The General Data Protection (GDPR) Act strengthened the rules around data protection, building on the fundamental points in the Data Protection Act 1998.

Yet all the hype around GDPR seems to have resulted in people panicking, tearing up all previous procedures and, in some cases, experiencing a complete absence of common sense.

Recently we encountered a clear misinterpretation of GDPR, which perfectly illustrates this.

A venue was advertising an event and someone with a question about the booking fee called them. So far, so straightforward.

The venue informed the caller that they would need to speak to the company staging the event, but when they asked for the phone number of the event company, they were told that it was not possible to give out the number due to GDPR.

This is simply not true as GDPR relates to personal data – something that identifies a living person.

If you think about it logically, a telephone number for an events company does not identify a living person. The number is probably in the public domain anyway.

The person refusing to provide the phone number clearly thought they were complying with the rules but in reality they were just hindering a potential customer from attending an event at their venue.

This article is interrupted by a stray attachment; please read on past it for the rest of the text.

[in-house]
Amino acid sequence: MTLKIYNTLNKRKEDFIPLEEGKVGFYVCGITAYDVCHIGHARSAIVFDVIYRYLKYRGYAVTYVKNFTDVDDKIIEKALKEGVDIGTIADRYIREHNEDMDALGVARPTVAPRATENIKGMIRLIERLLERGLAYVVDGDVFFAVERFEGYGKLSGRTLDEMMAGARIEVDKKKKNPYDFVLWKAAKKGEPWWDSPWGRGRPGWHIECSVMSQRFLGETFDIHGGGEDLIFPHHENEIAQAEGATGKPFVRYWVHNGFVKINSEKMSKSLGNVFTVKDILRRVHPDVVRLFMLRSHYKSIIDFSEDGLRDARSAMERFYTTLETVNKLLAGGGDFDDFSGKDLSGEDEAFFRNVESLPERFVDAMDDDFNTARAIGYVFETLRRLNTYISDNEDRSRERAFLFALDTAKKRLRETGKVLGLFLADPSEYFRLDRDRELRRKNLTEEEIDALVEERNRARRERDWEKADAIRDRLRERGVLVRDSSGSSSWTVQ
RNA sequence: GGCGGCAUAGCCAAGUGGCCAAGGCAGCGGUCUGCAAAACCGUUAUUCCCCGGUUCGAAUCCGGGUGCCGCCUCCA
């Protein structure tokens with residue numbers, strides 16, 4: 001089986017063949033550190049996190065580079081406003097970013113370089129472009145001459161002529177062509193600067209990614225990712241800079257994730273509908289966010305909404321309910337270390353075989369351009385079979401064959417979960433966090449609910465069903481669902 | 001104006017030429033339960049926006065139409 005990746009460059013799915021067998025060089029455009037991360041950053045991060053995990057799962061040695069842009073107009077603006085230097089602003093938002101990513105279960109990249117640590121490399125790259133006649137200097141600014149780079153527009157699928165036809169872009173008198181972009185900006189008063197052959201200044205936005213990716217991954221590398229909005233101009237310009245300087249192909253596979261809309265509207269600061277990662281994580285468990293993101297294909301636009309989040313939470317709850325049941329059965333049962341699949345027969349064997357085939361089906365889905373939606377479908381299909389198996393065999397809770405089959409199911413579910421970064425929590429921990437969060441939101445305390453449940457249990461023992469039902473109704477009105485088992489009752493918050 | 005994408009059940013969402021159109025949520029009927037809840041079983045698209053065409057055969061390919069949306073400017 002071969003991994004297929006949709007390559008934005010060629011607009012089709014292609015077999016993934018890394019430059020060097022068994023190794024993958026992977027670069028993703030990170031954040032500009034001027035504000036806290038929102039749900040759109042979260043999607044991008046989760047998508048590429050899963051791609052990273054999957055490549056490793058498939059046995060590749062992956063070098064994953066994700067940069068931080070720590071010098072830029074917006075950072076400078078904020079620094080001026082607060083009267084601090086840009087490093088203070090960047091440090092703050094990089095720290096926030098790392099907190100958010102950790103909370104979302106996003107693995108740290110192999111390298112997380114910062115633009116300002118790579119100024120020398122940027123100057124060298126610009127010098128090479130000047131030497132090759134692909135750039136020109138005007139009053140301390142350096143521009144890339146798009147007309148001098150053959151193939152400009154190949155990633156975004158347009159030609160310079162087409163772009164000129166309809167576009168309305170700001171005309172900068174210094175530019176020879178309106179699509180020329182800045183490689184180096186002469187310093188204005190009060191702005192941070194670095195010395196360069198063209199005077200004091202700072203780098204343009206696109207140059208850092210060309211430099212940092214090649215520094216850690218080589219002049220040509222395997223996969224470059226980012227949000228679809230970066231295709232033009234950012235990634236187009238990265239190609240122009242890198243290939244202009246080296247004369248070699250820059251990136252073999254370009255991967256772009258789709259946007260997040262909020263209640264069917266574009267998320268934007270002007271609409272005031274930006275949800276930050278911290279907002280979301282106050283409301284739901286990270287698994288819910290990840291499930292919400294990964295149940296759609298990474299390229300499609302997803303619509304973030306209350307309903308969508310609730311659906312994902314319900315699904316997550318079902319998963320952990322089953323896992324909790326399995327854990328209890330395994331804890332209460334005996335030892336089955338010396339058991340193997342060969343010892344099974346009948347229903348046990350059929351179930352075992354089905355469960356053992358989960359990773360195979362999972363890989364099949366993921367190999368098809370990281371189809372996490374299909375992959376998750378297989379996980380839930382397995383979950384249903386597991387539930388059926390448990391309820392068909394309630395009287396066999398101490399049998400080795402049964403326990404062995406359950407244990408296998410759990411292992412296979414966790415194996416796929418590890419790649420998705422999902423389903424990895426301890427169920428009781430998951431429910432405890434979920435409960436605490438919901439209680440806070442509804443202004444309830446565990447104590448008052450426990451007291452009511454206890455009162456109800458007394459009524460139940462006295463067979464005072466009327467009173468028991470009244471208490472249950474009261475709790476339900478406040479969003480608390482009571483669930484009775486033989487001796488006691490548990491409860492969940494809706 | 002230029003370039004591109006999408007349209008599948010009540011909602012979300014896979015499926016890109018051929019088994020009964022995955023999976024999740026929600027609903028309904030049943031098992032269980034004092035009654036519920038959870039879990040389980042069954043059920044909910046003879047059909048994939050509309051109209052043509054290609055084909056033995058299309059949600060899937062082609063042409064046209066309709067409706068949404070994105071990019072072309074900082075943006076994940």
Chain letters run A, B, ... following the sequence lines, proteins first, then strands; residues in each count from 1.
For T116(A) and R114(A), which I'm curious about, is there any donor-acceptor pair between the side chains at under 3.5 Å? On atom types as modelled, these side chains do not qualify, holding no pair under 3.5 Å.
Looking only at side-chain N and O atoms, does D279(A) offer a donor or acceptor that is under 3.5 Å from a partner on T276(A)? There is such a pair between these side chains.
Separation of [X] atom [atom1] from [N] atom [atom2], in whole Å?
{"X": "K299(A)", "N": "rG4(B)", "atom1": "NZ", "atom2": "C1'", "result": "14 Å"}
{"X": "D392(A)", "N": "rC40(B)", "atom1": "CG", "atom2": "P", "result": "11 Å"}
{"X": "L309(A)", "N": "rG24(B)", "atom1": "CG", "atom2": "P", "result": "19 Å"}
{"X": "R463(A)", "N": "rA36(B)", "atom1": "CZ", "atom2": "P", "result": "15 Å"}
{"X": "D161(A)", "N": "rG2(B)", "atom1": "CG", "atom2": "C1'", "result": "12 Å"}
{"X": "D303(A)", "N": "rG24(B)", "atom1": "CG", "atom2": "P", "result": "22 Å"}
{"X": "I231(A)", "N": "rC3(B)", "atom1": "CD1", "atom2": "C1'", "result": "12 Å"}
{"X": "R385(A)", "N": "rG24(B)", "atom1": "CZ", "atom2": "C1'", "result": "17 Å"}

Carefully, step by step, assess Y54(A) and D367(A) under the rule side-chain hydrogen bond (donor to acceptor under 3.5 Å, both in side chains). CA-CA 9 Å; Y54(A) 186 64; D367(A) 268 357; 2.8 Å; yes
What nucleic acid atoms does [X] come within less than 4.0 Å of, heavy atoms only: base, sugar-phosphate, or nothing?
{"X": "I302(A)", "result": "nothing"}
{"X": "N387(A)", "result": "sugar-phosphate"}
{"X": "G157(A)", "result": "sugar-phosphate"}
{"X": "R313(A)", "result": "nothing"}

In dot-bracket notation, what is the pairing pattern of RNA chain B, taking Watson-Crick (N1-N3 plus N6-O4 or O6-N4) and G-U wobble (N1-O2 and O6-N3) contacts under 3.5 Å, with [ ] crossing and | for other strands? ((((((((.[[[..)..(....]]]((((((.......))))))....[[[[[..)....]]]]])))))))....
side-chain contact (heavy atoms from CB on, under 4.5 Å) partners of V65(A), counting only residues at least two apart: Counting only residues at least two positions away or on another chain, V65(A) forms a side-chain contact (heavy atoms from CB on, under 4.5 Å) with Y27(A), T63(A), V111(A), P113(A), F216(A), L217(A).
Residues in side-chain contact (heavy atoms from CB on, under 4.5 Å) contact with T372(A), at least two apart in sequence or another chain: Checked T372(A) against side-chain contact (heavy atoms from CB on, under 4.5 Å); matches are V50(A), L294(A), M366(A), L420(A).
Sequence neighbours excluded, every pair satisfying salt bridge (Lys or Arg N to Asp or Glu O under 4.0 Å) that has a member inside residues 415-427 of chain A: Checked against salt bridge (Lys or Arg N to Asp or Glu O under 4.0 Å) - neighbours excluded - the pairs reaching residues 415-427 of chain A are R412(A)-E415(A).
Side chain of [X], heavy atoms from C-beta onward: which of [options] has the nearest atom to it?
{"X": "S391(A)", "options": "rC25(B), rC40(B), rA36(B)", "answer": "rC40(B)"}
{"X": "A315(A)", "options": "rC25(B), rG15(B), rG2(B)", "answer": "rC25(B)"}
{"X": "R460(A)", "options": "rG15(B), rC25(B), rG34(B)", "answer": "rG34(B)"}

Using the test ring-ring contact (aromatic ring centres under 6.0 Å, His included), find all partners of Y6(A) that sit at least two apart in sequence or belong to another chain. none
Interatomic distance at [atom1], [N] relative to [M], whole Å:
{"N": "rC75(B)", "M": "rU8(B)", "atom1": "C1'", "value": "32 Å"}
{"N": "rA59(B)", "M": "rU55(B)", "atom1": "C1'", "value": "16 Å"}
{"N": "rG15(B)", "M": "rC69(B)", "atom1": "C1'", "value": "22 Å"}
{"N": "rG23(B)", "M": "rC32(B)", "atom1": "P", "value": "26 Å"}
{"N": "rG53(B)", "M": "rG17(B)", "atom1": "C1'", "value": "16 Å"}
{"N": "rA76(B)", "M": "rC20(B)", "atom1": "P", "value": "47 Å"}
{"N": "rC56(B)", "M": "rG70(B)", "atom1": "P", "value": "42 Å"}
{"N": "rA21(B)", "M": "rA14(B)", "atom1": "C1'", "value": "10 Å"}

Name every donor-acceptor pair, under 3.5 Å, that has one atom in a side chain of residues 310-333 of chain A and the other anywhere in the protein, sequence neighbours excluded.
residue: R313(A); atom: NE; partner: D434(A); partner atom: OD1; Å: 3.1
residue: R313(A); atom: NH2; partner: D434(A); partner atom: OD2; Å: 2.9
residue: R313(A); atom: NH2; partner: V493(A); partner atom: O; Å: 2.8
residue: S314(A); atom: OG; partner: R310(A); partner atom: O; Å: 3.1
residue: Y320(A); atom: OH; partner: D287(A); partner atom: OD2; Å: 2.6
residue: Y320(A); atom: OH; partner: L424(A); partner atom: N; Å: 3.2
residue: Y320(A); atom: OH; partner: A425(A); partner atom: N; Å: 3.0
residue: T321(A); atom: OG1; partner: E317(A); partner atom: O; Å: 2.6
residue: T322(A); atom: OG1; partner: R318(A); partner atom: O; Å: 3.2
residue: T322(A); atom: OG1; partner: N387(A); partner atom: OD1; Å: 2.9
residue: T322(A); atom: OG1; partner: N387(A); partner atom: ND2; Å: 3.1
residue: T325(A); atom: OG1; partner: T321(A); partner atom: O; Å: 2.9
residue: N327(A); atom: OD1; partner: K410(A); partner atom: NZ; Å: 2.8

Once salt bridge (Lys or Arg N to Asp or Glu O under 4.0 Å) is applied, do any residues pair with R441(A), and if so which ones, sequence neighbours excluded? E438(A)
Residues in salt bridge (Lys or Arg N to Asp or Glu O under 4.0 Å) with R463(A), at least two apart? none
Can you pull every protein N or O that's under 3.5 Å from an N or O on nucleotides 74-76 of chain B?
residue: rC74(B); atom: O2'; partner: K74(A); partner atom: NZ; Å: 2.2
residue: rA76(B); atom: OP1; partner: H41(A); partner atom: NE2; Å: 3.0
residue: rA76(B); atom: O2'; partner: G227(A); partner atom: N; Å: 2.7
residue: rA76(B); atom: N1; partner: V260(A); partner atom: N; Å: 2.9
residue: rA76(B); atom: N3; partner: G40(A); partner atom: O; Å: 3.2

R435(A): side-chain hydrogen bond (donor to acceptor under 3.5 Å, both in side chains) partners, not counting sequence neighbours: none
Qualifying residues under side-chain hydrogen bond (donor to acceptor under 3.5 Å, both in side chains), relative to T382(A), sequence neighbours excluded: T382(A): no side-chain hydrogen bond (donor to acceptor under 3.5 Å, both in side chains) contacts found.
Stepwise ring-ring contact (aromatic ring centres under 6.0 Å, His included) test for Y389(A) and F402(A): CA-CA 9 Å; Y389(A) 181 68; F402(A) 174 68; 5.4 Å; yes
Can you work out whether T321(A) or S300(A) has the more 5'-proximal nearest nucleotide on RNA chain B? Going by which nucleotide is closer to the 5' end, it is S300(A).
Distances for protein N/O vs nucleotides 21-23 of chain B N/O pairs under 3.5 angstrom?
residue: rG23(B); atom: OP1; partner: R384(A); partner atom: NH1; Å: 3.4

The point of GDPR is to ensure your data is used only for lawful purposes and not abused, sold, shared or lost. It is not intended to stop people finding out a company telephone number.

The basic common sense points to remember when it comes to GDPR are:

1. Personal data is any information that could identify a living person.
2. If it is personal data that you are dealing with, check that you either have consent or another lawful basis for processing that data.
3. Only use personal data for the purpose it was supplied for.
4. Only keep personal data for as long as it is required to fulfil the purpose it was supplied for, or to meet legal requirements (HMRC records for example).
5. Make sure all personal data is held securely.
6. Make sure clear processes are in place that are being followed, such as deleting data in accordance with retention policies.